The Isle of Wight is a UNESCO Biosphere Reserve. It is just one of seven UK sites to bear this prestigious status (others include the Isle of Man, North Devon and Biosffer Dyfi). There is plenty to do on the Isle of Wight. Choose from family-friendly campgrounds, hike along coastal trails between quaint villages and enjoy sightseeing at a number of attractions. Here is our pick for the best things to do on the Isle of Wight.
The information in this article is inspired by Pocket Rough Guide British Breaks Isle of Wight, your essential guide for visiting the Isle of Wight.
Situated just off the south coast of England, the Isle of Wight is the largest island in the country.
Planning on leaving the car at home? It really couldn’t be easier to get around the Isle of Wight. Buses are modern and efficient, and wind their way through steep narrow roads, past rolling countryside and along the seafront, all making for unexpectedly scenic sightseeing tours in their own right. Hop-on hop-off open-top buses operate during the high season.
There are two rail lines on the island. The Island Line (whose trains are made up of former London Underground carriages) runs between Ryde Pier and Shanklin. The second, and most scenic, line is the Isle of Wight Steam Railway; technically a tourist attraction, it still helps you to get around parts of the island.
Rental cars are another viable option. Go for something electric (and therefore environmentally friendly) if you can. With an absence of motorways on the island, driving around the Isle of Wight takes you via some wonderfully scenic routes, from large stretches of quiet countryside to horizon-lined coastal views.
In fact, getting around by foot or public transport not only contributes to responsible travel but also saves you a few pennies. An increasing number of attractions (such as Goodleaf Tree Climbing in Ryde) offer discounted tickets for those who have travelled by sustainable means.
It’s hard to believe that Newtown once served as the island’s capital. Today, it’s best known for its expansive Nature Reserve. In the 1960s the reserve almost became a nuclear power station, but this was thwarted thanks to local intervention. Visitors to this National Trust site today can appreciate its medieval field patterns, with carpets of meadows, tall wildflowers, and ancient woodland and harbourside walks.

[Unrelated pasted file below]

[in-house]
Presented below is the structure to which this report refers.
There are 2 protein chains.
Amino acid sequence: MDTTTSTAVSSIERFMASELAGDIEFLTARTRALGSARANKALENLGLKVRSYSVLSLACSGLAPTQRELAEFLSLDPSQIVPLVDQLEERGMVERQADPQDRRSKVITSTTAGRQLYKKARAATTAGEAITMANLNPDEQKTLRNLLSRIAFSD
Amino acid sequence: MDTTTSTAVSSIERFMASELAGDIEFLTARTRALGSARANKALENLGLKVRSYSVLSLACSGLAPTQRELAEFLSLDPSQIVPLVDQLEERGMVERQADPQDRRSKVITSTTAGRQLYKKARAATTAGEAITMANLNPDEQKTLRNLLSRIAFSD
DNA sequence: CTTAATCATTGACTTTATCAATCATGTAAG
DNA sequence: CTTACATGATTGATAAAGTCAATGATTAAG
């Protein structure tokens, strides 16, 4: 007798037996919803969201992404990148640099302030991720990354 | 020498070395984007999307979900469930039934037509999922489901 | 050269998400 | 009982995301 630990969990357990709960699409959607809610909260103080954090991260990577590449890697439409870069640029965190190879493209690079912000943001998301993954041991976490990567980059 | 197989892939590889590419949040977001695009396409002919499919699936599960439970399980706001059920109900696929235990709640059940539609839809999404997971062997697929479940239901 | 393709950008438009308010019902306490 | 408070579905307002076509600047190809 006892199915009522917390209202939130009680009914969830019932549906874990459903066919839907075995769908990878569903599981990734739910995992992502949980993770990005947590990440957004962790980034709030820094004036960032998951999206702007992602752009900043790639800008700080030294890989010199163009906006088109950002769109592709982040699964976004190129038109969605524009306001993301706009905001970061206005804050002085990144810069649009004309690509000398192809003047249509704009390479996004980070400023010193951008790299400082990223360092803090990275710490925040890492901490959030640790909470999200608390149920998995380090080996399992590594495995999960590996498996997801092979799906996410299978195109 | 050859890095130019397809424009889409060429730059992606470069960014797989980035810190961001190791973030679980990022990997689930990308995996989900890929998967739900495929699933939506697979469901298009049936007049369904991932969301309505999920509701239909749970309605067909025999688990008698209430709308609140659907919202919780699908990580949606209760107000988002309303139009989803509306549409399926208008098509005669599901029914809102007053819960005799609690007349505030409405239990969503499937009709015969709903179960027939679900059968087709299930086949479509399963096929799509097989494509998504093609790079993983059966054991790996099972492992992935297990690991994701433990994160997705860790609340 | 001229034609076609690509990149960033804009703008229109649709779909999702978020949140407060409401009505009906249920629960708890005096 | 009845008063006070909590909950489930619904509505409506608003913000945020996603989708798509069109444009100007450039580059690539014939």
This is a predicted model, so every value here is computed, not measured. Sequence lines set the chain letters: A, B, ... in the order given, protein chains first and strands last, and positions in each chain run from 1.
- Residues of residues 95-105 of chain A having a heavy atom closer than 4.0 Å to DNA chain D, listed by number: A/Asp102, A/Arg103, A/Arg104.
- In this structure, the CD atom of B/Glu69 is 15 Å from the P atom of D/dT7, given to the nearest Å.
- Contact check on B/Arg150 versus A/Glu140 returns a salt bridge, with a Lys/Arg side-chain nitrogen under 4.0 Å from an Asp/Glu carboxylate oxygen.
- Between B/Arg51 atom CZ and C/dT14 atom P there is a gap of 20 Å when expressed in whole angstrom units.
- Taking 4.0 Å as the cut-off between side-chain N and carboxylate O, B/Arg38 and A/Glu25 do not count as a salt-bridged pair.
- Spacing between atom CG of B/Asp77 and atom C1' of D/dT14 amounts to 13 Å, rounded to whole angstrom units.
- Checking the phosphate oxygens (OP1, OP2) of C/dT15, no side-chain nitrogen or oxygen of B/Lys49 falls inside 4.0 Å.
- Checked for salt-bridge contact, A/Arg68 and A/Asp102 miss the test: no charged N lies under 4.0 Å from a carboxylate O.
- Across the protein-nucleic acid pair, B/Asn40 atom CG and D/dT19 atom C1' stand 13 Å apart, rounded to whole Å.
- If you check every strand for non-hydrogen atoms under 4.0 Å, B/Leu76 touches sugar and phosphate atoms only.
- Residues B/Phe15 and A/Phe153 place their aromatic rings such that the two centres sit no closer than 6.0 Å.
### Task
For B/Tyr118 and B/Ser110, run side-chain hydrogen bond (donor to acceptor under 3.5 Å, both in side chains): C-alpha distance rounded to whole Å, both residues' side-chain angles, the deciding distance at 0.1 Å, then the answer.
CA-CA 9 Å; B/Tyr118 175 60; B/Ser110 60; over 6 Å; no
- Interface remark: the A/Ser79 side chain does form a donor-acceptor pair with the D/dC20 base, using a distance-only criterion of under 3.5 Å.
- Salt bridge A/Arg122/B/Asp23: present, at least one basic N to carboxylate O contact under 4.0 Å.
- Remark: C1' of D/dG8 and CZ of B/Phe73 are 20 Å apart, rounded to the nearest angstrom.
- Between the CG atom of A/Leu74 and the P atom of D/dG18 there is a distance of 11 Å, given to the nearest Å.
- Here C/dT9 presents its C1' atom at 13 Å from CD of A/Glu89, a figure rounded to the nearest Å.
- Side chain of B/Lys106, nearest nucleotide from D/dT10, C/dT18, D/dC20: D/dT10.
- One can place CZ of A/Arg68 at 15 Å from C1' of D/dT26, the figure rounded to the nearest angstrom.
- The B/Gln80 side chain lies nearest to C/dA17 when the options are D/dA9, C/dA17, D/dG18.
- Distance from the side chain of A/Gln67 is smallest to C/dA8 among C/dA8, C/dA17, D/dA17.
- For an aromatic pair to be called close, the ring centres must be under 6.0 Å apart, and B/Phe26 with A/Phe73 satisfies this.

The Isle of Wight is hailed as the “dinosaur capital of Britain” thanks to the impressive range of fossils that have been – and continue to be – discovered, dating back millions of years. It’s not just for history buffs, though. Kids and adults alike can enjoy walking across Compton Bay at low tide, where dinosaur footprints appear. There are various informative guided walks and talks, so you can really suss out your flint from your fossil.
The honey-coloured, Italianate villa-style Osborne House was Queen Victoria and Prince Albert’s family holiday home and later became the Queen’s permanent residence after Albert’s death in 1861.
Visit this English Heritage site today and gaze across the sprawling landscaped gardens overlooking the Solent, visit the beach where the royals liked to bathe and follow the one-way system inside the house to take in the Grand Corridor, formal State Rooms and Indian-style Durbar Wing.
Yes, parts of the Isle of Wight still look rather old-fashioned. But this comes into its own in seaside Shanklin’s Old Village, with its centuries-old thatched cottages, traditional sweet shops, twee tearooms and one of the best beaches in the UK.
As you simply stroll along the winding road, stop for afternoon tea at the icing-pink Old Thatch Teashop, tuck into a hearty Sunday roast at The Village Inn and swing by Pencil Cottage for a souvenir. The romantic poets Keats and Longfellow used to buy their writing stationery here, hence the shop’s name.
Some four miles southeast of Newport, the Garlic Farm makes for a fun day out, with farm tours of Arreton Valley available by foot or tractor. If you want to take some of the good stuff back home with you, choose from garlic-infused ice cream, mayonnaise and even vodka.
Their on-site cafe and restaurant serve up garlic-infused dishes (no surprises there) – just remember a packet of chewing gum for wherever you’re going afterwards…
This museum was once the home of Victorian photographer Julia Margaret Cameron, whose subjects included the likes of Charles Darwin. Following a circular one-way route, take in the displays of her photography and equipment, as well as iconic photography and memorabilia from the Isle of Wight festivals.
With advance booking, hand sanitiser points and positioned next door to Tennyson Down, this is another way to sightsee from a social distance and embrace the fresh air afterwards. Don’t miss the Jimi Hendrix statue in the front garden, either.
Situated at the northern end of the Esplanade, and built into the walls of a Victorian fort, the Wildheart Animal Sanctuary houses one of Britain’s largest collections of tigers, including some endangered species that are virtually extinct in the wild. It’s also home to panthers and other big cats, as well as some frisky lemurs, monkeys and reptiles.